Just the other day, I was in the Office of Undergraduate Admissions, waiting to be interviewed for a tour guide position. I arrived a little bit early, so I passed the time in the lobby by thumbing through the Columbia brochures on the table next to me. Reading those fliers brought me back to my senior year of high school. I remember getting dozens of such pamphlets in the mail, all trying to sell me on their particular college. I always thought it was funny that in order to market themselves as the “best fit” for any student, these brochures all ended up sounding the same. They all proudly boast of their “world-class faculty” and “dozens of majors to choose from” so much that, eventually, nothing sounds unique to each school besides its location and name. Unfortunately, the same could be said about the School of General Studies brochure when compared to the other undergraduate colleges at Columbia.
Almost a year ago, I received a blue envelope in the mail with “The School of General Studies” written across the front of it. The flier inside spent a lot of space advertising General Studies’ “rigorous, traditional, Ivy League education” and the “Core Curriculum.” When read alongside Columbia College’s brochure, however, they say almost the exact same thing. The only unique aspect mentioned of General Studies is our full integration “into the Columbia undergraduate curriculum” as a school for “non-traditional” students.
Strange—if I were to choose something to highlight about General Studies, I would emphasize our unique community, one that truly accepts and accommodates students of all backgrounds and lifestyles. After all, this shouldn't be taken for granted—not all school communities (even within our University) are as inclusive as ours.
In August 2010, I left Virginia to attend the eighth grade at a private international school in El Salvador. By design, its students were supposed to be open and accepting of others. In reality, they were anything but.
As you would expect with attending a new school, I was understandably nervous, yet optimistic. I figured that, just like going to a new school in the United States, I would eventually meet people, feel more comfortable, and integrate into the community. Very quickly, though, I discovered that I was wrong.
I was supposed to be there for two years. I dropped out after six weeks.
I didn’t leave the school for any academic reason—in that regard, it was actually much better than anything I had been used to back home. Nor did I leave because I felt uninvolved; I quickly joined the track and field team, played club soccer, and even participated in theater. I left the school because of the students who—though they were fluent in English and knew I couldn’t yet speak Spanish—spoke around me as if they were oblivious to my existence. I left because only one or two of my classmates would even say hello and help me get around, though there were hundreds of others in the school. I left because of the constant alienation in the classroom, where teachers and students would expect me to keep up while disregarding the few students who only spoke English, the international school’s advertised language of instruction. I left because of the constant laughter I would hear when students, safe from behind the language barrier, saw me more as entertainment than as a classmate.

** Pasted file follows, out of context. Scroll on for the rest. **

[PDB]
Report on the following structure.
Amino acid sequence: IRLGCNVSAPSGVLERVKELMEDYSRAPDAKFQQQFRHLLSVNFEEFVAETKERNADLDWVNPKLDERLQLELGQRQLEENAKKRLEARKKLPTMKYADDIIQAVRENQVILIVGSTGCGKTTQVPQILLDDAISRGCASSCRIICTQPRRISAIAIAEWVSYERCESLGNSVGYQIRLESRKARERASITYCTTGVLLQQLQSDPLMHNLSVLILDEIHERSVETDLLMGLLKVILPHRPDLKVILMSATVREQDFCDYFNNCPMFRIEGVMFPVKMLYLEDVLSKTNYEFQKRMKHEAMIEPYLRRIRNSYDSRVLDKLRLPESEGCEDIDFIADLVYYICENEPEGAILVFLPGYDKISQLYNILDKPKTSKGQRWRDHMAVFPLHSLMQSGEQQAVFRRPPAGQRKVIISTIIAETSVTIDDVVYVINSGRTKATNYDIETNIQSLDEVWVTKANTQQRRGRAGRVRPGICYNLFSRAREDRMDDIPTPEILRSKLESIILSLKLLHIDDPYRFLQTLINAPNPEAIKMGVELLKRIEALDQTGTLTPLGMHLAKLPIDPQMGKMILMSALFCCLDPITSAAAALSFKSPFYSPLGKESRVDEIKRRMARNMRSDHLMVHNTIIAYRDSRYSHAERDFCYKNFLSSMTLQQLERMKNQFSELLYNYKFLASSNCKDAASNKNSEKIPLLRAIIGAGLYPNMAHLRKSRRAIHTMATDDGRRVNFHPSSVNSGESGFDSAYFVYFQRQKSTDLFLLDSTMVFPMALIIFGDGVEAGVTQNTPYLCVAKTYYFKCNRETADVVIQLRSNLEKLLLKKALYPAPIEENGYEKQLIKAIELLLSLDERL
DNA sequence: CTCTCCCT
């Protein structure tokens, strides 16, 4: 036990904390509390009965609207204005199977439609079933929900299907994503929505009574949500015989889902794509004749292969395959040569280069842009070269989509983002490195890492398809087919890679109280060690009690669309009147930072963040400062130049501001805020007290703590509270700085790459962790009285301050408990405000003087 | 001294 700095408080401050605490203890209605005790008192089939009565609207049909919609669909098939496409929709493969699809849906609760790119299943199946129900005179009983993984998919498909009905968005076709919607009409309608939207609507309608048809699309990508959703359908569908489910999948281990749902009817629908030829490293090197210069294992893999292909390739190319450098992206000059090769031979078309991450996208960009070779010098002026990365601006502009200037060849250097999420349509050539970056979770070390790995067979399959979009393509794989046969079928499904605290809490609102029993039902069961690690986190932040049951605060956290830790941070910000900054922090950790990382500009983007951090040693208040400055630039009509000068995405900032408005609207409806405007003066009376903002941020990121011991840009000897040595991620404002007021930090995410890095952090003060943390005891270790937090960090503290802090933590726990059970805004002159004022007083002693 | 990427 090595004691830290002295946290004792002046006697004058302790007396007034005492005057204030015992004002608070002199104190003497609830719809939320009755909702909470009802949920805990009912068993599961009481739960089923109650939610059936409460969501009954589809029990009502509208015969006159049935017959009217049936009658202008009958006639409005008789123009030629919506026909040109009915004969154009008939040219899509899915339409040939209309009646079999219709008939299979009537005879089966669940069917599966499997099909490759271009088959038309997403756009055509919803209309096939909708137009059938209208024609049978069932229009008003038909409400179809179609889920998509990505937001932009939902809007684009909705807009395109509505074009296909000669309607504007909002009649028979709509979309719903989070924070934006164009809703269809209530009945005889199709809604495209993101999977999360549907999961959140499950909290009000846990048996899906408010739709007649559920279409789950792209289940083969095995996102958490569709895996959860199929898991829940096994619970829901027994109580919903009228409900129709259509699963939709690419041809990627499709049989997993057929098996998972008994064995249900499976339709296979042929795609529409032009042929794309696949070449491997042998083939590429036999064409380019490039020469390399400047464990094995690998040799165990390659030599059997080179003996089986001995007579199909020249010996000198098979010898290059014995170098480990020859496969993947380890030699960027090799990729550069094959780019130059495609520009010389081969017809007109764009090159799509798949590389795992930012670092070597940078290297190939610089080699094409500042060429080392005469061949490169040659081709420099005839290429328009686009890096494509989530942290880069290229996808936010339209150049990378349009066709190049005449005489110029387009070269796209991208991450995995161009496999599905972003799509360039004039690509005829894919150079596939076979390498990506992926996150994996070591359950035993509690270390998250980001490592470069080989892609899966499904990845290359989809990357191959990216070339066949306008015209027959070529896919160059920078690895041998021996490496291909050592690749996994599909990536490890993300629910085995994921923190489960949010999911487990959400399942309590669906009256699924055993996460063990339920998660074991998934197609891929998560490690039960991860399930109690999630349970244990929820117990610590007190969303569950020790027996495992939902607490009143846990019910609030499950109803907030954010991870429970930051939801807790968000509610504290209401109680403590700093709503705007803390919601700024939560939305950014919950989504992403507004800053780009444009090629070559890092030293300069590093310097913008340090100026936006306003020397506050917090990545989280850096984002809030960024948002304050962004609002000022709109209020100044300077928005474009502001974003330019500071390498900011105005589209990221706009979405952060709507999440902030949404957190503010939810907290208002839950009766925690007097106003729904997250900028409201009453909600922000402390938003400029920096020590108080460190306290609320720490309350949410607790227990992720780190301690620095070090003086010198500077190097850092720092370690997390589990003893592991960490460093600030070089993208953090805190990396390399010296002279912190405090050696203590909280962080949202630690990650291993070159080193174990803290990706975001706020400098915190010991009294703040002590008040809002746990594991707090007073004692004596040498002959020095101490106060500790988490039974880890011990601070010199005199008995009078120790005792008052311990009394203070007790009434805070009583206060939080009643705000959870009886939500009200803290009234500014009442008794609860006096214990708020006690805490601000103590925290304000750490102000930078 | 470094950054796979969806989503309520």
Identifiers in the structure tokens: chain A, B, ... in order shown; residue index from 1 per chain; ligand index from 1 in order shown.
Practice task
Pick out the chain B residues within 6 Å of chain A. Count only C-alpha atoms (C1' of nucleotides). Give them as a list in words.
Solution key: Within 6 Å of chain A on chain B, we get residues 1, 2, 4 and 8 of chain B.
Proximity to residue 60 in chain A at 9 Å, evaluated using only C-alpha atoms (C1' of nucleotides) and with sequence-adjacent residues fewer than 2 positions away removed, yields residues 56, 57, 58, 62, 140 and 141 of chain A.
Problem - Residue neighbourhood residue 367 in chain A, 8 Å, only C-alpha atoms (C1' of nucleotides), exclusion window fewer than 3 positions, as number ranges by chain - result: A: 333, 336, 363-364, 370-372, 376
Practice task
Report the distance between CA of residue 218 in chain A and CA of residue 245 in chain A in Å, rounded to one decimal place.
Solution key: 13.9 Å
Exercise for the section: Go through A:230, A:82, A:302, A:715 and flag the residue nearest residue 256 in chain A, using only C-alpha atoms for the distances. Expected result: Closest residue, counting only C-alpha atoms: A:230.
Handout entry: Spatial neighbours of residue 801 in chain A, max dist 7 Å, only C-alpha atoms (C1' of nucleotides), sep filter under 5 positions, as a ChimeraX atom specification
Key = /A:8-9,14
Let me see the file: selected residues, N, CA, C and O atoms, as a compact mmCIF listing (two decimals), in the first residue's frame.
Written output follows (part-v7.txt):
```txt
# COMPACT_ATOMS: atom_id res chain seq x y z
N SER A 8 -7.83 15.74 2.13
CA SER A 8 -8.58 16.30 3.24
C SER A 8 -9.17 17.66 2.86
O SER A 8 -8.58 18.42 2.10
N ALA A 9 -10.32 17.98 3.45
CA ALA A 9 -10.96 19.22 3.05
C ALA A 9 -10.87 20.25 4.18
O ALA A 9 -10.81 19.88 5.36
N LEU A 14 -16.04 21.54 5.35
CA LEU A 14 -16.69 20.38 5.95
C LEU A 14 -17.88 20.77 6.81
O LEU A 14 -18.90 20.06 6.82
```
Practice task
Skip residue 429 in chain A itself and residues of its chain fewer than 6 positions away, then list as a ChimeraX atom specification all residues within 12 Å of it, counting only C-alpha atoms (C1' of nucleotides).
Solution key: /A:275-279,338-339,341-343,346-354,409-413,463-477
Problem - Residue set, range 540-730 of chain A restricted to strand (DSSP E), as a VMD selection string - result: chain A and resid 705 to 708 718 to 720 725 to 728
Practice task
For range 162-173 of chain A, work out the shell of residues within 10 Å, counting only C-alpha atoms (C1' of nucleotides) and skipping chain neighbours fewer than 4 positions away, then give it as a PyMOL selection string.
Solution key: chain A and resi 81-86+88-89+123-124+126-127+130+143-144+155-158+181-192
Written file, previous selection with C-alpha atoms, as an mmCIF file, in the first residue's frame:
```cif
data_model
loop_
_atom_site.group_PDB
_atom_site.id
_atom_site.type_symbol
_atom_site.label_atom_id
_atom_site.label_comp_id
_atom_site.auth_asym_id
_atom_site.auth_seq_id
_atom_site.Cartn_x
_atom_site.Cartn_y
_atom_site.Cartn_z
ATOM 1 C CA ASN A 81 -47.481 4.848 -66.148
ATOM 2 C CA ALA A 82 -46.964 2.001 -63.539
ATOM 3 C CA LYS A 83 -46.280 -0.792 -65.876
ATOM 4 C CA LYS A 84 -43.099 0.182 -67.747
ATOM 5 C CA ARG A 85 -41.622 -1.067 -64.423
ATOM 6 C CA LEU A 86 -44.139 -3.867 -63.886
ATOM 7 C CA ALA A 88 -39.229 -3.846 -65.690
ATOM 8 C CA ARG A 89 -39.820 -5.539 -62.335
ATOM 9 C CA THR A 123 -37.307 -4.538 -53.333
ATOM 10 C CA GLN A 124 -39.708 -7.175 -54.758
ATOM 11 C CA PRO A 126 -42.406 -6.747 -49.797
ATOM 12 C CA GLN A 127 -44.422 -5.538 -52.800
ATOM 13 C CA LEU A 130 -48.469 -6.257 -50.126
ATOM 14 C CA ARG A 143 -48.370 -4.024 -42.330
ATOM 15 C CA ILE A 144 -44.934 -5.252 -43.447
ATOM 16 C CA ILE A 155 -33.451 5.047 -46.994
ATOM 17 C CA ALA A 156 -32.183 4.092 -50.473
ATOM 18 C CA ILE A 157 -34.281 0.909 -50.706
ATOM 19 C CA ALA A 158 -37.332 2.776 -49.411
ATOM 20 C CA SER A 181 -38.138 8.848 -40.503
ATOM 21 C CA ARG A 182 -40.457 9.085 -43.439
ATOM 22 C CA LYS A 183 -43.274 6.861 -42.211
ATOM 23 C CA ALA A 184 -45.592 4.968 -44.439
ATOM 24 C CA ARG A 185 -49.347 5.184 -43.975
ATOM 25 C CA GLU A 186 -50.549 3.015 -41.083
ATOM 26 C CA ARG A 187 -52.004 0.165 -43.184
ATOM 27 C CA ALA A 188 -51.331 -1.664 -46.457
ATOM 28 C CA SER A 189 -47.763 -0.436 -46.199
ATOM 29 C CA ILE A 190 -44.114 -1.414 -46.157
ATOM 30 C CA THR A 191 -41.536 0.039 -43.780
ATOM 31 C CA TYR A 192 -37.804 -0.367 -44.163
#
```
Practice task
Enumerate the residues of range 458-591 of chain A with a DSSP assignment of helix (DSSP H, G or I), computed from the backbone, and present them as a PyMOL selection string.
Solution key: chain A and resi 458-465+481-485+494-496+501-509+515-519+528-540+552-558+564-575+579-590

I left the school because, no matter what I did or how much Spanish I learned, I felt that I was never going to become a part of the student community.
Thinking back on it, I realize that the students weren't necessarily malicious—they were simply complacent. They never had to accommodate students who were different from themselves. Most of the kids had been together since preschool—they all spoke the same language, shared the same experiences, and had their own friends. They didn’t welcome new people, such as myself, into their community simply because they never had to.
What makes us different as a community here at General Studies is that we not only accommodate each other’s differences, but we expect them.
We expect that we all come in with different backgrounds and lifestyles, so we make the effort to listen, respect, and appreciate each other's stories. We know that many are here for as little as two years, or even transfer in during the winter, so we bring them into the fold as quickly as possible. It doesn't surprise us that many of our classmates struggle with balancing their studies, work, and families, so we help each other out wherever we can. We know that we all have forgotten a lot since high school, so we join each other in the General Studies Student Lounge for help with calculus and writing. Despite the fact that our classmates range from actors to janitors, from teenagers to quinquagenarians, from prep school graduates to guys who barely passed high school, we treat each other just like any other student.
In El Salvador, I knew within the first week that I was never going to become a part of that community. Here at General Studies, it took me the same amount of time to know that I had already done so.
Kevin Petersen is a first-year student at the School of General Studies, still trying to figure out the secret behind logarithms. Unlike his time in El Salvador, he plans on being here at Columbia for much longer than six weeks. Feel free to write him at firstname.lastname@example.org, especially if you know of any good pupuserías nearby. Different Places, Different People, Different Perspectives runs alternate Fridays.
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